Thumbs-up to organizers of the second annual Scoop the Loop in downtown Seymour. The event included The TOG Band and countless cars, trucks and other modes of transportation, as folks gathered to enjoy the evening and renew old friendships. The event pumped a breath of fresh air into the downtown on a Saturday night. It also brought added revenue to some downtown businesses.
Thumbs-up to Seymour Noon Lions Club for staging its second annual Pig in the Park tractor show and hog roast at Gaiser Park in Seymour. The daylong event raised money for the food pantry operated by Community Provisions of Jackson County, a food pantry that serves area residents. Other food pantries in the community include one operated by Anchor House, the county’s family homeless shelter, and another operated by Human Services Inc. of Jackson County. We also give a thumbs-up to the folks who displayed their tractors, businesses that supported the Lions and, of course, the folks who showed up to check out the tractors on display, partake in the hog roast and support Community Provisions.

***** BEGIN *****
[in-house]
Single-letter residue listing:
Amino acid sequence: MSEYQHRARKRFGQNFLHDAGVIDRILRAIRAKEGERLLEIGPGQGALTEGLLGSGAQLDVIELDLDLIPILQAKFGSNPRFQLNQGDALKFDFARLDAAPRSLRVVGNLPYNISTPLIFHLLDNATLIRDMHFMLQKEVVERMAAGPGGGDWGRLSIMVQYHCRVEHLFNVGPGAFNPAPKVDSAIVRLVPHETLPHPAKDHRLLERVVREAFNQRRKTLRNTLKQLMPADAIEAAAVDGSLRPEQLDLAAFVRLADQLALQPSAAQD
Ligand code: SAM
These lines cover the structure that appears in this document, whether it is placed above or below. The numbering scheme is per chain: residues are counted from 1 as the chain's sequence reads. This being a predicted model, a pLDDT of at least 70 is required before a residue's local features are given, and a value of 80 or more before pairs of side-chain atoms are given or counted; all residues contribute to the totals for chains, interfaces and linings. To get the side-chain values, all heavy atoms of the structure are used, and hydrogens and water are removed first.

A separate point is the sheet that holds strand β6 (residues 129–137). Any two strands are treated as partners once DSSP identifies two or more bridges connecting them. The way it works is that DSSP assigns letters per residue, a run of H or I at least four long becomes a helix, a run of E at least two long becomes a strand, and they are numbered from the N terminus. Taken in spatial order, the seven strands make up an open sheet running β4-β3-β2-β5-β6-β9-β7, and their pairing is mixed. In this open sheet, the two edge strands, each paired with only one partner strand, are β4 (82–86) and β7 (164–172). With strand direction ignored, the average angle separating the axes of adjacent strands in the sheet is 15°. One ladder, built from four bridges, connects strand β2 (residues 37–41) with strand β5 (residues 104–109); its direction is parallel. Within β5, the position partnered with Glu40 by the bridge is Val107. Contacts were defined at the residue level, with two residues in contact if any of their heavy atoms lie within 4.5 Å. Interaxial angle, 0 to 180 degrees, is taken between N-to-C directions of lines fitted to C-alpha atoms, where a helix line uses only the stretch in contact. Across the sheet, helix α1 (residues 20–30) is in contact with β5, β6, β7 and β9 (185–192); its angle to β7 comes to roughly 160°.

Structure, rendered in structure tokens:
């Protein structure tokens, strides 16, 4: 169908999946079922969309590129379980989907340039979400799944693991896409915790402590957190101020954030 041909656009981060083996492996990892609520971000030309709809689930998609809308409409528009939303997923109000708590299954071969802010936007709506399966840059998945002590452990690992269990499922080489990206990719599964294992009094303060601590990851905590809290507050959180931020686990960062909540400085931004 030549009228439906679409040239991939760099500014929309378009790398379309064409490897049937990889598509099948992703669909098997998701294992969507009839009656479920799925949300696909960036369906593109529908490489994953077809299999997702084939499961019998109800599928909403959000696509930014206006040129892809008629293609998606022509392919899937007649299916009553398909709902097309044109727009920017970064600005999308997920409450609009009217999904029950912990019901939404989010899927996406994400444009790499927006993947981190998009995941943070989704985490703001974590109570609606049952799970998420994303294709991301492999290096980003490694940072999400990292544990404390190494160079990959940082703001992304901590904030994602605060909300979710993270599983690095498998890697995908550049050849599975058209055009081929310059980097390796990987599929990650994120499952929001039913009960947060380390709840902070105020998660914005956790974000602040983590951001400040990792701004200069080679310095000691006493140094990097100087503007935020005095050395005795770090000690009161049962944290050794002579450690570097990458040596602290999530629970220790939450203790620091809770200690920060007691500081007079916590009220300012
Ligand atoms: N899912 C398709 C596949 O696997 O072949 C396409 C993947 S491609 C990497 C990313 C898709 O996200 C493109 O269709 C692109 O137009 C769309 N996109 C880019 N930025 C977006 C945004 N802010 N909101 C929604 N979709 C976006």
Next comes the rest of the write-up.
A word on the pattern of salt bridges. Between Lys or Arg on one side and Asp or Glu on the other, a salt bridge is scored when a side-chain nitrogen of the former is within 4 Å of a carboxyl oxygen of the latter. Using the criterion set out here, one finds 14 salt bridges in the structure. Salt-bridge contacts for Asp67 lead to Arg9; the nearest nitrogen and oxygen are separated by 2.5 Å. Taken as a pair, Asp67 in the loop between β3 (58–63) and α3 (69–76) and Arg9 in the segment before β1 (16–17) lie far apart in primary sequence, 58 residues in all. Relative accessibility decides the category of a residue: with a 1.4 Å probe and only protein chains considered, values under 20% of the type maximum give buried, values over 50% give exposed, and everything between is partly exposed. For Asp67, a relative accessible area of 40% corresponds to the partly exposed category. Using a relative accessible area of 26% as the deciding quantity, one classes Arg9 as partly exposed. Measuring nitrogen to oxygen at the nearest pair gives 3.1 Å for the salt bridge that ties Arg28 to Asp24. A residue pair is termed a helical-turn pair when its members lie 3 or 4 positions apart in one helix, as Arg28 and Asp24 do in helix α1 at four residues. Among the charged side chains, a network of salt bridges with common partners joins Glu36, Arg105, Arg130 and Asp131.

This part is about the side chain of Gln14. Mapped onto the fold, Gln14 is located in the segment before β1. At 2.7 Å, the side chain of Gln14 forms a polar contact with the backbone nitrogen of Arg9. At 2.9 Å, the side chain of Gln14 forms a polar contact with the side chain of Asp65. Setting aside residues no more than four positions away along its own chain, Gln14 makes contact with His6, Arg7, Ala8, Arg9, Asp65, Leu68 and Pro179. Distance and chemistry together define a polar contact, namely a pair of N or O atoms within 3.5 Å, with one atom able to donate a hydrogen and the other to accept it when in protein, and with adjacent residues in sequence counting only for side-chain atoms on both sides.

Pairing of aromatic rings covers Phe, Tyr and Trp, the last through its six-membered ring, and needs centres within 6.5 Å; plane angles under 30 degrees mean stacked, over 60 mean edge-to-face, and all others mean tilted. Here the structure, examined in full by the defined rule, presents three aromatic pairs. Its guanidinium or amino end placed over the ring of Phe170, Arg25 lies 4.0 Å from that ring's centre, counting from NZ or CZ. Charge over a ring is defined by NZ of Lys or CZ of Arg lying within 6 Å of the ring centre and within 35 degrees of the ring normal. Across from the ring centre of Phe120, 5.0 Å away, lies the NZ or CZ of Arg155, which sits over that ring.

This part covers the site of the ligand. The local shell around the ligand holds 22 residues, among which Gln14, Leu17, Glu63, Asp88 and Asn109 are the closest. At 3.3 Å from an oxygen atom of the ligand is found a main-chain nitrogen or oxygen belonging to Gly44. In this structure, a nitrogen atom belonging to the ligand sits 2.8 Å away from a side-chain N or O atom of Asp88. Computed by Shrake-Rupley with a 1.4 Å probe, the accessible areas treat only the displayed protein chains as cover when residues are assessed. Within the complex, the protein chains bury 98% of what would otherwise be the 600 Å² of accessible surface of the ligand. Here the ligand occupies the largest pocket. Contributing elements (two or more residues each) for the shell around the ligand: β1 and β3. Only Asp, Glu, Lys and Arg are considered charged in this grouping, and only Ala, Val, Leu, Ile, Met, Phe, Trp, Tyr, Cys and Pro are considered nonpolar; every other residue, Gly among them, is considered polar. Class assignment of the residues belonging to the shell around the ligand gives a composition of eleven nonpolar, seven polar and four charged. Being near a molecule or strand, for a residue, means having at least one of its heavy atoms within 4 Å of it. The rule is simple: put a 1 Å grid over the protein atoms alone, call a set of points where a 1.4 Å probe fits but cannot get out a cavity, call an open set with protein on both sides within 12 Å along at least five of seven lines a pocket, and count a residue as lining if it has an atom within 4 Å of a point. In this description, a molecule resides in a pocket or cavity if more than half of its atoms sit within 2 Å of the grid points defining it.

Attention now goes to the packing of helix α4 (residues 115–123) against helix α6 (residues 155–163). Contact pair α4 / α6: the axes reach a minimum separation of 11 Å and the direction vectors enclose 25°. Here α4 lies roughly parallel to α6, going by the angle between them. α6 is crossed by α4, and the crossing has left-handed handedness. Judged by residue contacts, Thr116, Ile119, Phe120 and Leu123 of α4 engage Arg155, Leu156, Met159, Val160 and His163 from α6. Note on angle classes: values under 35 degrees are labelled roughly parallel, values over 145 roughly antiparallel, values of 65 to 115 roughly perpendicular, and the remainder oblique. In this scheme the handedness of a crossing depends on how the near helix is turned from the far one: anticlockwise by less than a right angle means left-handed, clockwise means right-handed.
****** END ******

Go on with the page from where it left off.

Thumbs-up to area football coaches and high schools that are taking seriously the threat of problems resulting from concussions. Former sports editor Arv Koontz offered readers a look at the issue in a recent story. Coaches Reed May, Brownstown Central, and Jeff Richey at Seymour High School appear to have the situation in hand, taking proper precautions and looking for the best equipment to protect their young student-athletes.
Thumbs-up to motorists who obey traffic laws governing school bus stop arms. And that means, of course, there’s a thumbs-down for those who ignore the laws and put area children at risk as they board and get off their school buses. Motorists must pay close attention to those big yellow buses and act accordingly when their stop arms are extended. They mean just that — stop.
Thumbs-up to organizers of the annual Hayden Festival in Jennings County. The Hayden Historical Museum and its volunteers do a great job of mixing up the program to stir interest in the area’s past and draw people to the small community for its version of a homecoming.
Thumbs-up to the Indiana State Police and Indiana Department of Transportation for honoring the memory of former Trooper Earl L. Brown. The state recently added the honorary name of Trooper Earl L. Brown Memorial Mile to a stretch of State Road 11 in Jackson and Bartholomew counties. Brown was shot and killed in the line of duty at the county line on Aug. 31, 1955, while investigating a disturbance on what was then known as U.S. 31A.
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